It’s worth mentioning that there’s the famous Iowa’s Writers’ Workshop, which has produced many award-winning authors over the years.

For some, looking at pasture lands and grazing cattle fosters the urge to write. I, for one, wouldn’t find any inspiration looking at a cow chewing the cud. I’d need some action like a line of geese following a marching band.

Calvin says, “And to think Iowa is the bellwether of American politics.” beagle

 

 

 

Down the Hall

Things started off with a cliffhanger as I prepared to oversee a food event for 60 people.

The food distribution truck showed up two and a half hours late and parked a block away instead of in front of the house like they usually do. Then the driver came to the front gate, a Hispanic dude, and saw the six steps leading to the front door and announced, “I don’t do stairs.”
“What?” I said incredulously.
“I don’t do stairs,” he said a second time. “It’s against company policy.”
“Really? You guys have been doing stairs for 20 years with us.”
He whipped out his cell phone, took a picture of those nasty stairs, and said, “I’ve just sent this off to my supervisor for instructions.” Then he disappeared around the corner to sit in his truck. photo-4

I called my rep. “I’ll fix this and get back to you,” he said.
I waited.
No driver.
No rep.
No food.
No answers.

I called my rep again.

“I’ll call my manager,” he said.

The driver came back to the gate. “If we don’t solve this I’ll have to take the food back to the warehouse.”

By now the chef, two friends, a co-worker and I were on the street staring the dude down in a gunslinger showdown.

Suddenly my rep appeared out of the ether. “I was in the neighborhood,” he said out of breath. A short, wiry guy with consternation all over his face. I showed him the tables set and ready and the kitchen.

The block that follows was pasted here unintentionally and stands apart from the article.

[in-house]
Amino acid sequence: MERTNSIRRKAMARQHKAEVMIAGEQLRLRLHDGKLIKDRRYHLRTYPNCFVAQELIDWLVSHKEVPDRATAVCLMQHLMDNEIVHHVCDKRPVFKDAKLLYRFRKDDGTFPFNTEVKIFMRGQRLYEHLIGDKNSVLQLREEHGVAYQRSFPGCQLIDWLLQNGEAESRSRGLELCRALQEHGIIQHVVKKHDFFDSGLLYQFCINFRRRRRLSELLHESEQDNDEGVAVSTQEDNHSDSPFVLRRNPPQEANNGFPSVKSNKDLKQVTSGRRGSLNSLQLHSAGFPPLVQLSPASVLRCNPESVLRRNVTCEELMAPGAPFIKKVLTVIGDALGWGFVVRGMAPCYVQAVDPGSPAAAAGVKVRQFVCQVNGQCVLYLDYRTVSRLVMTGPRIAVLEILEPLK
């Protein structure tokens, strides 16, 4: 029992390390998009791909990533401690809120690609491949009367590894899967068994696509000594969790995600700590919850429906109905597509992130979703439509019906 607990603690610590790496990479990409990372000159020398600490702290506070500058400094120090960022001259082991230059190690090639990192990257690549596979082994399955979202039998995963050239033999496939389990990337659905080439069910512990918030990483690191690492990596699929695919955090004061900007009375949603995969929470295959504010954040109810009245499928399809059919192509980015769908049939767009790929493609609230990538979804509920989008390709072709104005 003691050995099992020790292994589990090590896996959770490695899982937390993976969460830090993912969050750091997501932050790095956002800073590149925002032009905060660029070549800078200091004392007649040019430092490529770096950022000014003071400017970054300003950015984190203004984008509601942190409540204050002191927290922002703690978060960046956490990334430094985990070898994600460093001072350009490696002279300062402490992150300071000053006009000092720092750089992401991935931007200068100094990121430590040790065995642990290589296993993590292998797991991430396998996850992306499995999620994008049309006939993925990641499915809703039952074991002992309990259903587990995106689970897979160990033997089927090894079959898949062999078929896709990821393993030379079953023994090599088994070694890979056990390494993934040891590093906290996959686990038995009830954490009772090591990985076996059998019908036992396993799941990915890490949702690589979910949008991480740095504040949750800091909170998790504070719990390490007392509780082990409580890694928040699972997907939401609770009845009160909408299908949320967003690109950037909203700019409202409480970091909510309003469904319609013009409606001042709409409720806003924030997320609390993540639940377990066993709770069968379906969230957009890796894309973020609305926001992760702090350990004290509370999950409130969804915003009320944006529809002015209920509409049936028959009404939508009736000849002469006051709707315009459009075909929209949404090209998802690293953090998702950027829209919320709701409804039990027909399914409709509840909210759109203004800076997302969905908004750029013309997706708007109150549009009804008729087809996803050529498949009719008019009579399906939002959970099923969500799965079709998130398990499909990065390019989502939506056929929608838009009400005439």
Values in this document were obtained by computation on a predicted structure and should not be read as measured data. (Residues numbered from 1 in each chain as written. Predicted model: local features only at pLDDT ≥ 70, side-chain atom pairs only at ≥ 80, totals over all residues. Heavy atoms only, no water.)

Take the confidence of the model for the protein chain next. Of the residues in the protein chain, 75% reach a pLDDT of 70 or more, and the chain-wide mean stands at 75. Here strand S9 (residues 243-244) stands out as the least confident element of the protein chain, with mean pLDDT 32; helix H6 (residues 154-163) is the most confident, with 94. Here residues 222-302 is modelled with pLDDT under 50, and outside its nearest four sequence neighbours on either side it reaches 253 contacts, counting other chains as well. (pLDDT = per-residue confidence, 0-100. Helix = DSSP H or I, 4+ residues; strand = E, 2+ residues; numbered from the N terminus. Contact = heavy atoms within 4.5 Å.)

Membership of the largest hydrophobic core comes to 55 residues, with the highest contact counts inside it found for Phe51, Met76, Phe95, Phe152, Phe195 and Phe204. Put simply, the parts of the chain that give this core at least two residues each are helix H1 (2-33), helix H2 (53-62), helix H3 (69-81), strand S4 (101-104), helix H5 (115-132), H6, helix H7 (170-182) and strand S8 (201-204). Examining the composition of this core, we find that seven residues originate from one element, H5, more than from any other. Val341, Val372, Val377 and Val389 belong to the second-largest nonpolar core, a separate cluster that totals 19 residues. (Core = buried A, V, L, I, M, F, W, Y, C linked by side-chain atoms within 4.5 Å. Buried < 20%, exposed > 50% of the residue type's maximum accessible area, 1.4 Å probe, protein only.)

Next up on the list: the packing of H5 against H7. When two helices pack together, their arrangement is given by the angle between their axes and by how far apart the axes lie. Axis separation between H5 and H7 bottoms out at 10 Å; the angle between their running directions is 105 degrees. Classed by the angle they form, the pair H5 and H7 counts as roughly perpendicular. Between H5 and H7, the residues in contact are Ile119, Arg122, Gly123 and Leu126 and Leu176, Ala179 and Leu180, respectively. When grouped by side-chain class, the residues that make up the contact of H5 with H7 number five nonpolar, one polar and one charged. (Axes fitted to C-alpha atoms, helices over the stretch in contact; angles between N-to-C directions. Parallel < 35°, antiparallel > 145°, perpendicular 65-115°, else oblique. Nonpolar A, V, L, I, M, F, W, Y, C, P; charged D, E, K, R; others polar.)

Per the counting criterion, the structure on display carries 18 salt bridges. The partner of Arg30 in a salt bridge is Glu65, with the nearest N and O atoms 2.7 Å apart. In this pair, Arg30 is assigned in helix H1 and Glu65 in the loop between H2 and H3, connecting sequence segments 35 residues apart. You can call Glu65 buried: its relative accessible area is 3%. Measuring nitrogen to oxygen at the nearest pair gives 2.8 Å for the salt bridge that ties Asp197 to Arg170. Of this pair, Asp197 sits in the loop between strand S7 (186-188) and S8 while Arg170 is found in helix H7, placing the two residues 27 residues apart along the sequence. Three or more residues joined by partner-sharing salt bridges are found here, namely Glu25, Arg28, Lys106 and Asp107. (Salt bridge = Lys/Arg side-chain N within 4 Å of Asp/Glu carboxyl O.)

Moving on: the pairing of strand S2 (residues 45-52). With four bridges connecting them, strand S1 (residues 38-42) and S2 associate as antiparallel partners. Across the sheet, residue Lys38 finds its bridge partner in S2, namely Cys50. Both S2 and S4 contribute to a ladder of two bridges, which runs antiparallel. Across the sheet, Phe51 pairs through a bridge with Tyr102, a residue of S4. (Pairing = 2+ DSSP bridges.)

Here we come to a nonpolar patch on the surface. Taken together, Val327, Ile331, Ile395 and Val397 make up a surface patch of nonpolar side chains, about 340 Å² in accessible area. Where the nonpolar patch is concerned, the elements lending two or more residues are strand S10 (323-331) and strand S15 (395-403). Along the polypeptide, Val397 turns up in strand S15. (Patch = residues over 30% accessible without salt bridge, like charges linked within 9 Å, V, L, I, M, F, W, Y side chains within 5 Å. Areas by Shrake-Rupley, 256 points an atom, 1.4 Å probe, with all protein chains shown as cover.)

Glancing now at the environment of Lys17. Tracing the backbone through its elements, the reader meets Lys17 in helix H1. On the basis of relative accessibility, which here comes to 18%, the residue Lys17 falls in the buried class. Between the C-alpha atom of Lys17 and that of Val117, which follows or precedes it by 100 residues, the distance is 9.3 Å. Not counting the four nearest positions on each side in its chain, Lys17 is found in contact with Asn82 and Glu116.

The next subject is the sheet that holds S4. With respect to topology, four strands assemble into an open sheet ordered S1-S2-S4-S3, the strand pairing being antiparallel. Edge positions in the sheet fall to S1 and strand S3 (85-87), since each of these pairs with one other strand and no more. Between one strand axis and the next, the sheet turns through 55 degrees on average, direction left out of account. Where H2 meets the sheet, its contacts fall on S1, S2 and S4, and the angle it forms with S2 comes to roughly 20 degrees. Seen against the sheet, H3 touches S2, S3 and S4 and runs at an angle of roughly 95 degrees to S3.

I showed him those nasty stairs.

Meanwhile the dude had disappeared and returned with his first load of boxes. About 25 of them. At street level.

We had no choice but to make an assembly line sandbag style and run boxes from the street, up the nasty stairs, down the long hall, and into the kitchen.

It took us almost an hour to check every box against the order sheet. The dude was now in the kitchen helping us identify the boxes. The rep stood there with  jaw open.

We finished checking the last item, signed the sheet, and the dude disappeared around the corner.

The rep said he’d make sure this wouldn’t happen again.

You bet. Because you’d just lost a customer of 20 years, dude.

Calvin says, “Cut the dude some slack. If you hauled boxes all day, everyday of the week, you’d be a dragon lady throwing your rights around, too.”  beagle

Foreign Policy

While the Warriors played their championship win this week, I noticed an interesting cultural phenomena on my street Tuesday night.

My Indian neighbors – those who have come to the US for the tech jobs – were hooting and hollering like the best of us over the game.

Their voices flowed out of their open windows and crossed the street to my house.

The American assimilation had begun.

One family has two children, a white Lab, and a Volvo. They’ve already been seduced.  white lab

Another family has a daughter in the elementary school around the corner. I often hear her arguing with her mother in perfect kid-lingo, sounding like a typical spoiled American child, while her mother answers her in her language.

I grew up in foreign countries.

I know what it’s like to be on foreign soil, eating different food, hearing another language all day long.

It’s exhausting.

So a basketball game makes a lot of sense.

There’s no need for subtitles.

A basket is a basket.

A foul is a foul.

And a shouting coach needs no interpretation in any language.

I remember going to bullfights.

I would always cheer for the bull.

Calvin says, “You would. You prefer animals to people anyway.” beagle